middlesex university case study

Middlesex University

Improving accessibility and student satisfaction


As a university that prides itself on teaching new ways of thinking, Middlesex University formed a partnership with Kortext to support the diverse student population and add value to the education of new and continuing students.

Matthew Lawson, Director of Middlesex Library and Student Support highlighted that another key driver was to produce a larger online learning platform, “in order to best utilise the limited library space.”

Middlesex also partnered with Kortext in order to support academic staff and improve student satisfaction;

It was seen by the university that our diverse student population needed something which suited how they lived and worked.

The Kortext smart platform is accessible 24/7 and connects library, faculty and students in order to boost student experience and results.


Middlesex has a strong partnership with Kortext and has been running a scheme for all taught course students since 2015. The scheme allows each student access to one ebook per module, so a typical student will get access to four e-books a year. The library collections team manages the provision of Kortext amongst other library materials.

The Kortext programme at Middlesex University has had ongoing support from the student executive, who recognises the Kortext platform to be a key aspect of the “student offer”.

Middlesex have expressed their satisfaction with the support they have received from Kortext since first partnering in 2015, and have complimented the noticeable product development, including “updates to the app, dashboard and book availability.”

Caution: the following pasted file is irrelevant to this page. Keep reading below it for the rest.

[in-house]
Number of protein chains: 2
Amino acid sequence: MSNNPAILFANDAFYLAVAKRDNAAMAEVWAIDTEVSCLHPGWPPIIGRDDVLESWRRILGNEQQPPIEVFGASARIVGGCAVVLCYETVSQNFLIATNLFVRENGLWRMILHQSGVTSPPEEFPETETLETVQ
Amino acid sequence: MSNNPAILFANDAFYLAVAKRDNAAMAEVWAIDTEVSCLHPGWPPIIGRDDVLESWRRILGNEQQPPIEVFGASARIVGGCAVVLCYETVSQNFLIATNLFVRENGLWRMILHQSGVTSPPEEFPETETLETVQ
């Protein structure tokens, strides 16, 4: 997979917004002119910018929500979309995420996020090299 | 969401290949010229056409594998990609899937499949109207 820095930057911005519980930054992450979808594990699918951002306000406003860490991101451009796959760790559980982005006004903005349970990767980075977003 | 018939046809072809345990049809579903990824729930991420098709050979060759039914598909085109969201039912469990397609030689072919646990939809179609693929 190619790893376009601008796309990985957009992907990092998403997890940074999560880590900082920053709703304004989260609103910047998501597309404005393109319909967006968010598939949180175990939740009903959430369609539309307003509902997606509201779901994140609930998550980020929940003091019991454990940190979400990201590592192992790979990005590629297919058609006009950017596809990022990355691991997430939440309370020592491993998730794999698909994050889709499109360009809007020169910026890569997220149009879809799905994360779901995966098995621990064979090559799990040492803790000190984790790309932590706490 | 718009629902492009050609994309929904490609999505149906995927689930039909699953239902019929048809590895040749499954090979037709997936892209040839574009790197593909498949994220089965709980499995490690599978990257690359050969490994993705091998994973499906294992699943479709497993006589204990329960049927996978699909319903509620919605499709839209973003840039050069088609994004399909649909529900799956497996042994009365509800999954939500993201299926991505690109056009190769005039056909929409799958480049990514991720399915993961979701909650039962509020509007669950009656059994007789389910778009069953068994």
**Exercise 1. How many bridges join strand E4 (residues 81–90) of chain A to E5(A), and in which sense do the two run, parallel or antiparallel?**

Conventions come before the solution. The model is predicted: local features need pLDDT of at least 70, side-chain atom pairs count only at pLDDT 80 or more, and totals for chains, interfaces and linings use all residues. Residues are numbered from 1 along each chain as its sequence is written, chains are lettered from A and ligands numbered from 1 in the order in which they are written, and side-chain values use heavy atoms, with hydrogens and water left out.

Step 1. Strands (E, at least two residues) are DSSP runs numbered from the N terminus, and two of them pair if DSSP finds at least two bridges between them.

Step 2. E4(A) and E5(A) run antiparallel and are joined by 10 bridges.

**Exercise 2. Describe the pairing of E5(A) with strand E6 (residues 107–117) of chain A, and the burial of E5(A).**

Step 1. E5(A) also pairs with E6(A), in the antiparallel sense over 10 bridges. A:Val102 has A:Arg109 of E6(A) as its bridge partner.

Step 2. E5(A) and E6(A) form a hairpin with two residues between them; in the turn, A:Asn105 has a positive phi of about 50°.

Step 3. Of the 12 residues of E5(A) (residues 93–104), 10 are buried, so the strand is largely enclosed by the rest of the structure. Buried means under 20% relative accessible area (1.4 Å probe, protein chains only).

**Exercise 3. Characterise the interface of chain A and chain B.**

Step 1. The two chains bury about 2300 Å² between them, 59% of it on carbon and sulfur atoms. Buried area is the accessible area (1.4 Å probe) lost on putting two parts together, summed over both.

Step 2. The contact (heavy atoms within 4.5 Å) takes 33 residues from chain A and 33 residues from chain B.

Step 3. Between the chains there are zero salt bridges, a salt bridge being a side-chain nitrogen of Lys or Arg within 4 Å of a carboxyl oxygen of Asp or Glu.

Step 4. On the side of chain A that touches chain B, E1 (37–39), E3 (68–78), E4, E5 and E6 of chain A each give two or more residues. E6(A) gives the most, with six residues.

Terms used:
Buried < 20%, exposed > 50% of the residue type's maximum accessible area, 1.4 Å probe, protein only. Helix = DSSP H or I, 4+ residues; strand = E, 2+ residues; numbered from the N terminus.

Matthew Lawson commented:

Kortext have been very proactive about coming on to campus, supporting our students in particular times, and also talking to our academics and our librarians which has been really helpful.


Matthew Lawson, Middlesex University



At Middlesex University, staff were able to use Kortext Analytics data to track student progression. They found that students who progressed to Year 2 read an average of 327.6 pages, whereas students who failed to progress read less than half, with an average of 144.3 pages. Student progression is projected to increase as engagement levels are at 85% and pages read are increasing year on year.

Matthew Lawson reported that Kortext has received a large amount of positive student feedback. He noted that “students really appreciate getting the book for free”. A survey indicated that almost half of students would have bought the book themselves if it wasn’t provided. As a free student service providing access to vital course content and the tools to optimise, Kortext supports students from all backgrounds.

Since partnering with Kortext, student satisfaction with resource provision at Middlesex has risen. NSS results indicated that overall student satisfaction was up 20% in the period of time that the Kortext service had been running.

The University of Middlesex was cited in the TEF awards, which read: “The provision by the University of an excellent range of physical and digital resources including an eTextbook scheme, which has resulted in substantially increased student satisfaction”. Matthew Lawson commented:

I was really pleased that amongst the citations in our TEF award it highlighted the excellence of our online provision and our Kortext scheme.

Matthew Lawson also credited Kortext as a valuable contribution to COVID-19 services:

It has felt that in the current circumstances, the fact that we already had an established online provision of resources has helped students move towards online and remote provision.

Middlesex’s partnership with Kortext has eased the transition into online learning. Student feedback merits Kortext as a positive resource that has helped them in this challenging time. With a student-centered, partnership approach, we are sharing our edtech expertise when it’s needed most!

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